What if there is no zero bound problem?
By Scott Sumner
It seems as though the major central banks are beginning to rethink their assumptions. Here’s an ECB official:
Monetary policy risks becoming ineffective in a world where growth is sluggish, economies are deeply interconnected and interest rates are already near zero, a top European Central Bank policy maker said on Saturday.
Speaking at the University of California Berkeley, ECB executive board member Benoit Coeure called for academics and policy makers to address issues at the root of a global economic malaise, singling out the euro zone’s inability to revive domestic demand.
“The capacity of the global economy to generate growth is under question,” Coeure said in remarks prepared for a speech.
“In a global zero lower bound environment, surplus countries hold world output down.”
But then why did the ECB raise rates twice in 2011? And here’s a top Fed official:
The U.S. Federal Reserve and other global central banks may need to consider new tools in a world of permanently lower interest rates, including keeping big balance sheets or using negative interest rates to combat shocks, a top Fed official said on Saturday.
With the so-called natural interest rate in the United States now near zero, and equilibrium rates in other countries around the world also lower than in the past, central banks have “significantly less room to maneuver” in the face of recessions, San Francisco Fed President John Williams said at a conference at University of California Berkeley’s Clausen Center.
Everyone seems to assume that the zero lower bound is the key problem. But how do we know this? Has the lower bound ever been tested? Not as far as I know.
In standard new Keynesian models, bank reserves and Treasury securities become almost perfect substitutes at the zero bound. And the key assumption is that it’s not possible to pay negative interest on bank reserves. Except that it is possible, indeed it’s been done.
When economists are confronted with this fact, they point out that commercial bank deposits at the Fed and vault cash are near perfect substitutes, and thus negative interest on reserves would merely cause the money to move out of the central bank and into vault cash. However this doesn’t really resolve the issue, as it’s certainly technically feasible to pay negative interest on vault cash.
Indeed it’s technically possible to pay strongly negative interest on bank reserves, including vault cash. How negative? There is no lower bound.
When economists are confronted with this fact they suggest that sharply negative interest rates on reserves would depress bank deposit rates so low (so far negative) that the public would pull money out of the banking system, and hold it as currency.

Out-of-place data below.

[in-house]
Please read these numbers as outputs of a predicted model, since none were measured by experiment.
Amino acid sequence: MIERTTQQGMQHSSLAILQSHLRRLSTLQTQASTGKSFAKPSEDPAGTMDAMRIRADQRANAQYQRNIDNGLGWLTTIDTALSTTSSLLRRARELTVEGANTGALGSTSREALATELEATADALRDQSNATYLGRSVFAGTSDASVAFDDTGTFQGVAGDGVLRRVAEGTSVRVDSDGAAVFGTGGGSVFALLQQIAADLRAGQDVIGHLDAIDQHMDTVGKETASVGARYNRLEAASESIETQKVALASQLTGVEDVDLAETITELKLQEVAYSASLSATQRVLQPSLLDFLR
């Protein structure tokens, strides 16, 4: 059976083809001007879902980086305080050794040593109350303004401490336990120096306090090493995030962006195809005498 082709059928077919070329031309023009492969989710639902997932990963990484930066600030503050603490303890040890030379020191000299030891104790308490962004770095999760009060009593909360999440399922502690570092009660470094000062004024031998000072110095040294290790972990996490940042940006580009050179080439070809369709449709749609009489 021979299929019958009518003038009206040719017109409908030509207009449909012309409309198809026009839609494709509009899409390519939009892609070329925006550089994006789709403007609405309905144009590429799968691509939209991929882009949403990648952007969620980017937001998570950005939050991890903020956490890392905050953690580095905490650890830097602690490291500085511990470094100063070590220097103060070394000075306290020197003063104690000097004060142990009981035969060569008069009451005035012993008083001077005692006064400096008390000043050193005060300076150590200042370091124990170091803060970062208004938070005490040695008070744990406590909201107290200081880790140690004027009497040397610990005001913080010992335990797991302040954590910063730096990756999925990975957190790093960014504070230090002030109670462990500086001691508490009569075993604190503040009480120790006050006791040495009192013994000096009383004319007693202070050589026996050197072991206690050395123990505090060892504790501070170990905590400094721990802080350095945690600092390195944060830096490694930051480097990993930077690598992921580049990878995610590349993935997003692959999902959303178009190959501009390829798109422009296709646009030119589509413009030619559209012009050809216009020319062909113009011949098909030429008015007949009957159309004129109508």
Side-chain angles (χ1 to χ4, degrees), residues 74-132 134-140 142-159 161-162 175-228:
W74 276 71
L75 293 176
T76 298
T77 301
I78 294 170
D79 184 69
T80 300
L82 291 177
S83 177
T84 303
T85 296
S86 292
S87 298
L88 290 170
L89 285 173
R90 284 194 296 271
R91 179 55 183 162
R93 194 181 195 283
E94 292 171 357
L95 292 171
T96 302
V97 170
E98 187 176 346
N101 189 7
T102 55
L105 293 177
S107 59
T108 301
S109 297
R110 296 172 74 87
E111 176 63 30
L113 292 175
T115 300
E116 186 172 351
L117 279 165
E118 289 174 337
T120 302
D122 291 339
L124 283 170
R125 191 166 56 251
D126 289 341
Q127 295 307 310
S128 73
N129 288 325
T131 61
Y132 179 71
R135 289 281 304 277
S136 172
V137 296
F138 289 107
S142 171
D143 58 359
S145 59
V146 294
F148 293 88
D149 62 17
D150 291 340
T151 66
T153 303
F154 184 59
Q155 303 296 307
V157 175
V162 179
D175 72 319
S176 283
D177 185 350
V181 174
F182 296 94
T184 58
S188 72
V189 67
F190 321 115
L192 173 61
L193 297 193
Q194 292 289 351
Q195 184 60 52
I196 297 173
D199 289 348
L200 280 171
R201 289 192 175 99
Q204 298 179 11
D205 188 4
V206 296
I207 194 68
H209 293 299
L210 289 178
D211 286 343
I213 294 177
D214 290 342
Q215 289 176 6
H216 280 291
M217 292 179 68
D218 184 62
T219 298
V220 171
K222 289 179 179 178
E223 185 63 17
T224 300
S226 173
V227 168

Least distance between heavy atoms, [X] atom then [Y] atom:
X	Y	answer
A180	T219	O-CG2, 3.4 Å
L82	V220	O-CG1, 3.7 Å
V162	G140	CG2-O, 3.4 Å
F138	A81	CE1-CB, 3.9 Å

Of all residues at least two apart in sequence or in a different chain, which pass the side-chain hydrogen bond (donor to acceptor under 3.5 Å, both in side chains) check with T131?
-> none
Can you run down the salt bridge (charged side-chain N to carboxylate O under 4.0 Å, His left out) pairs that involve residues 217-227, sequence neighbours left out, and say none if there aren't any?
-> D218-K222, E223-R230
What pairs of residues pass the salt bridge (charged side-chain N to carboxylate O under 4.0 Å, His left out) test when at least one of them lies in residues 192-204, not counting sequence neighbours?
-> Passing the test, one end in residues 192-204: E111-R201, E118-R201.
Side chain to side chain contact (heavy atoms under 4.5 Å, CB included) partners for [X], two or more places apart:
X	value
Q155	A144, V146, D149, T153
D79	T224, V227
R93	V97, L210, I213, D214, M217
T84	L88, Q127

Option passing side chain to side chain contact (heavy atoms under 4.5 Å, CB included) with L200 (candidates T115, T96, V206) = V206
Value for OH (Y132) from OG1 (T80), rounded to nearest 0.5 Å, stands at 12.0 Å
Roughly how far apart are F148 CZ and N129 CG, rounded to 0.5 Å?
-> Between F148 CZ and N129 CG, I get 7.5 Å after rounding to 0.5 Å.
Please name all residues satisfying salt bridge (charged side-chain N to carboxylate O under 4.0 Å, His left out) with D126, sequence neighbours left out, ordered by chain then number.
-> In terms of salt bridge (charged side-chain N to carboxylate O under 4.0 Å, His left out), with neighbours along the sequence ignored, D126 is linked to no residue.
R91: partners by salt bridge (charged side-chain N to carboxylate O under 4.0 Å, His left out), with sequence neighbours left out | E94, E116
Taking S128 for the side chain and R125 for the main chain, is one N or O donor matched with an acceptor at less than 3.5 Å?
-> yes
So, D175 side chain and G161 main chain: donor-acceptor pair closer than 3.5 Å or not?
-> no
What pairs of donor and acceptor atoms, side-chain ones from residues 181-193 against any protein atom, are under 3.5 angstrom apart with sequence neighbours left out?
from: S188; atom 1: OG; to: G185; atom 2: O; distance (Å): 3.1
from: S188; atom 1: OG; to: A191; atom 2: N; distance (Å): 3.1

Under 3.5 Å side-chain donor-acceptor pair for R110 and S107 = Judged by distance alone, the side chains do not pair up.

That is certainly true, but the important question is how much? Today, banks in the US hold nearly $3 trillion in reserves; what if all of that went into circulation? How about $10 trillion, or $15 trillion? Maybe nothing would happen, it would all go under mattresses, or into safety deposit boxes. On the other hand maybe it would create a Latin American-style hyperinflation. We simply don’t know. (I bet on hyperinflation, if the currency stock exceeds $10 trillion.)
I understand all this, but here’s what I don’t understand—why the lack of curiosity? You are in a prison cell. The door to your cell might be locked, or it might be unlocked. You don’t know. But wouldn’t you be curious? Wouldn’t you try to open the door to see if you could freely walk out into the sunshine? Or would you just sit there, day after day, year after year, wondering? Is it locked?
The world’s central banks have chosen to just sit there, wondering. They haven’t tried lowering IOR so far negative that all of the bloated base money floods out into cash held by the public. They aren’t curious. Nor are academic economists. Why not?
In 2009 the Fed claimed to be worried about the effect of negative IOR on money market funds. At the time, I argued that that worry was preposterous. Now the Fed seems to have conceded that negative IOR is an option—even Janet Yellen has discussed the possibility. That’s progress. But we still don’t see any central bank fully exploring the possibilities of negative IOR. And that’s a puzzle. Although I suppose it’s no more of a puzzle than the Fed’s reluctance to cut rates to zero in September, October and November 2008. I thought Ben Bernanke’s memoir would resolve that mystery, but all we got was an admission that the Fed had erred in not cutting rates after Lehman failed. Yeah, I’d say so, but why is an institution full of such smart people so obviously inept in a crisis? Another mystery.
HT: TravisV, Dajeeps